Rep. Ander Crenshaw (R)
Elected: 2000, 5th term.
Born: Sept. 1, 1944, Jacksonville .
Education: U. of GA, B.A. 1966, U. of FL, J.D. 1969.
Family: Married (Kitty); 2 children.
Elected office: FL House of Reps., 1972-78; FL Senate 1986-93.
Professional Career: Investment banker, 1980-2000.
The congressman from the 4th District is Ander Crenshaw, a Republican first elected in 2000. He grew up in Jacksonville, where he has family roots dating to the early 20th century. The son of a lawyer, he attended the University of Georgia on a basketball scholarship, then graduated from the University of Florida law school. His wife’s father, Claude Kirk, was a Republican elected governor in 1966, then defeated in 1970. Crenshaw was elected to the state House in 1972 and served for six years, before running unsuccessfully for secretary of state. He then became an investment banker. In 1980, he ran for the U.S. Senate and finished third of six in the 1980 Republican primary, which was won by Paula Hawkins. From 1986 until 1993, he served in the state Senate and in 1992, became the first Republican state Senate president in 118 years. He ran for governor in 1994 but finished fourth in the primary, far behind Jeb Bush, who narrowly lost to Lawton Chiles in November. Crenshaw’s opportunity to run for the House came in 2000, when Republican Rep. Tillie Fowler announced that she would honor her promise to serve only four terms. Crenshaw was promptly endorsed by local Republican leaders, which discouraged several potential candidates. He won the primary 70%-30% and the general election 67%-31%. He has won re-election easily since then.
|Ander Crenshaw (R)||224,112||(65%)||($613,594)|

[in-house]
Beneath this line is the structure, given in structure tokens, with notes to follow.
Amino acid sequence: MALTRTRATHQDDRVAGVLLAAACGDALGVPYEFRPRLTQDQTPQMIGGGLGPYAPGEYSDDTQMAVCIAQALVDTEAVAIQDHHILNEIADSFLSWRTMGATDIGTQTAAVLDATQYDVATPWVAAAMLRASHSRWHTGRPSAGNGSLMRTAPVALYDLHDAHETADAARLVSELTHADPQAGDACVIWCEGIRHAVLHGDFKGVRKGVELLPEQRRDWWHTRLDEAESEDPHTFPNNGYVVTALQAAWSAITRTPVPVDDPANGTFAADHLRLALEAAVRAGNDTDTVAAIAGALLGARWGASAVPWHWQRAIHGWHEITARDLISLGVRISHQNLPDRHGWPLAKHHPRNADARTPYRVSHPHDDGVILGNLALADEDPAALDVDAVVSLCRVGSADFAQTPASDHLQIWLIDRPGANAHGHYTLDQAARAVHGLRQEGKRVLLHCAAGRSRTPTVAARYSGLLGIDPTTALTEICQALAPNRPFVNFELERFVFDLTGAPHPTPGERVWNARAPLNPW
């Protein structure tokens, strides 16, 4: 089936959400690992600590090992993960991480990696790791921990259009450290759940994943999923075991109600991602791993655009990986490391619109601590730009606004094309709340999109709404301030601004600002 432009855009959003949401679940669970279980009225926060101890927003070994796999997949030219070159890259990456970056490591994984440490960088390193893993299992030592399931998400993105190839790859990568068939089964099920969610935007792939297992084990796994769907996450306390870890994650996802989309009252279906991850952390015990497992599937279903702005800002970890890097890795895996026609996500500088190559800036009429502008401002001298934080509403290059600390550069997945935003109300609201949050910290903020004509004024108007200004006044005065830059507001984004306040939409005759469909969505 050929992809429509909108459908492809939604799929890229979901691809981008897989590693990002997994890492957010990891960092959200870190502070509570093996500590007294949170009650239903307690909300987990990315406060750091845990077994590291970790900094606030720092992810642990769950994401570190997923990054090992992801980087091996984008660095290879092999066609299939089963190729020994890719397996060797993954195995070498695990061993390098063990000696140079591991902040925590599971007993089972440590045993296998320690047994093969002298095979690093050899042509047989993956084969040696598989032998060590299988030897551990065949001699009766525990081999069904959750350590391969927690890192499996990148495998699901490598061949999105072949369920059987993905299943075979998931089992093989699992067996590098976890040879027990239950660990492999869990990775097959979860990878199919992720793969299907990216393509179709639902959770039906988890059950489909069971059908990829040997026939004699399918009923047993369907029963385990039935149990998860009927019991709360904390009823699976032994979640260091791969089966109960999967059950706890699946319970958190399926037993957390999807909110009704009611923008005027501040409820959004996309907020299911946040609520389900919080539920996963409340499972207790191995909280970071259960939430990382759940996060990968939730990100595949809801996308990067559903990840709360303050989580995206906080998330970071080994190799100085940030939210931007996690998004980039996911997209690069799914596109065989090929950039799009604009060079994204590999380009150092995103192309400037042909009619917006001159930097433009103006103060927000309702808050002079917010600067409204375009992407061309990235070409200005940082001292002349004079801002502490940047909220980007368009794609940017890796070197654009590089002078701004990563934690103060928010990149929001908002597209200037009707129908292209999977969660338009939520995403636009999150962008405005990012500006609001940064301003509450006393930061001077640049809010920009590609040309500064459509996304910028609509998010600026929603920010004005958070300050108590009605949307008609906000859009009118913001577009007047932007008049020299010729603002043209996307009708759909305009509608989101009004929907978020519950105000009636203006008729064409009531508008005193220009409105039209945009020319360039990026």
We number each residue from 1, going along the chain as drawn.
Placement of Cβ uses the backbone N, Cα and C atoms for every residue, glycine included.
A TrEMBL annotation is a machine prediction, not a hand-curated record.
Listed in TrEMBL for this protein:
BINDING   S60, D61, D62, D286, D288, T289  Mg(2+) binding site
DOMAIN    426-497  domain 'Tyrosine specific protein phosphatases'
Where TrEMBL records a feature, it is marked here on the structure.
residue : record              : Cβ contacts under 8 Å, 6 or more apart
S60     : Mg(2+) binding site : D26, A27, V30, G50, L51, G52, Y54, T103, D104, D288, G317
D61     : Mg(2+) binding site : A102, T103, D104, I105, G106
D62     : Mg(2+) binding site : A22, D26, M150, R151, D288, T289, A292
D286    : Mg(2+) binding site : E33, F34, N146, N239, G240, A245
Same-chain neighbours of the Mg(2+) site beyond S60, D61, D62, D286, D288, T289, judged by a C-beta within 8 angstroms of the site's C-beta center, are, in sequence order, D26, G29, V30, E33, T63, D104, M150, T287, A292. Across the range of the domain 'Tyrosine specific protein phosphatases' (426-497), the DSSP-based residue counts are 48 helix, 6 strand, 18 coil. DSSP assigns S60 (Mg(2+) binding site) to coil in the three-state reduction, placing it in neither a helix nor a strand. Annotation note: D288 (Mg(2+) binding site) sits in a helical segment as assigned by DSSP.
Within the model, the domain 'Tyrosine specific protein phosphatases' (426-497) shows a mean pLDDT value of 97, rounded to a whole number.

|Jay McGovern (D)||119,330||(35%)||($159,929)|
|Ander Crenshaw (R)||Unopposed|
Prior Winning Percentages: 2006 (70%), 2004 (100%), 2002 (100%), 2000 (67%)
In the House, Crenshaw is a reliable conservative. Although his tall frame makes him hard to miss in a crowd, he has not sought the limelight. He says he adheres to former President Reagan’s motto: “There’s no limit to what you can do as long as you don’t care who gets the credit.” He was his freshman class’s liaison to the Republican leadership, and he became friends with former Majority Whip Roy Blunt, who later named him to chair a House GOP budget task force. In his second term, Crenshaw won a seat on the Appropriations Committee, where his top priorities are the district’s large military and veterans’ facilities. He pushed successfully for new veterans’ cemeteries in Jacksonville and Sarasota, and he fought for expanded disability coverage for Gulf War veterans.
In 2005, he waged an unsuccessful battle to save the USS John F. Kennedy, a carrier ship based in Mayport that was decommissioned by the Pentagon in 2007. But he did manage to slip a provision into the 2008 military construction spending bill telling the Navy to start work on converting Mayport to a nuclear base. In 2009, the Pentagon announced that a carrier would be moved from Norfolk to Mayport by 2014, despite objections by Virginia officials.
Crenshaw made a bid for the senior Republican seat on the Budget Committee, raising nearly $1 million for other Republican candidates in the 2006 election to pay his dues. But the slot went to Paul Ryan of Wisconsin, who had less seniority than Crenshaw. He was not helped by his role in an earlier lobbying scandal that felled former Majority Leader Tom DeLay of Texas: Crenshaw had traveled with DeLay on a trip to South Korea in 2001 that had been paid for by lobbyists close to DeLay. Crenshaw also was on the wrong side of a pitched leadership battle for DeLay’s successor; he backed Blunt for the job, but John Boehner of Ohio emerged the winner.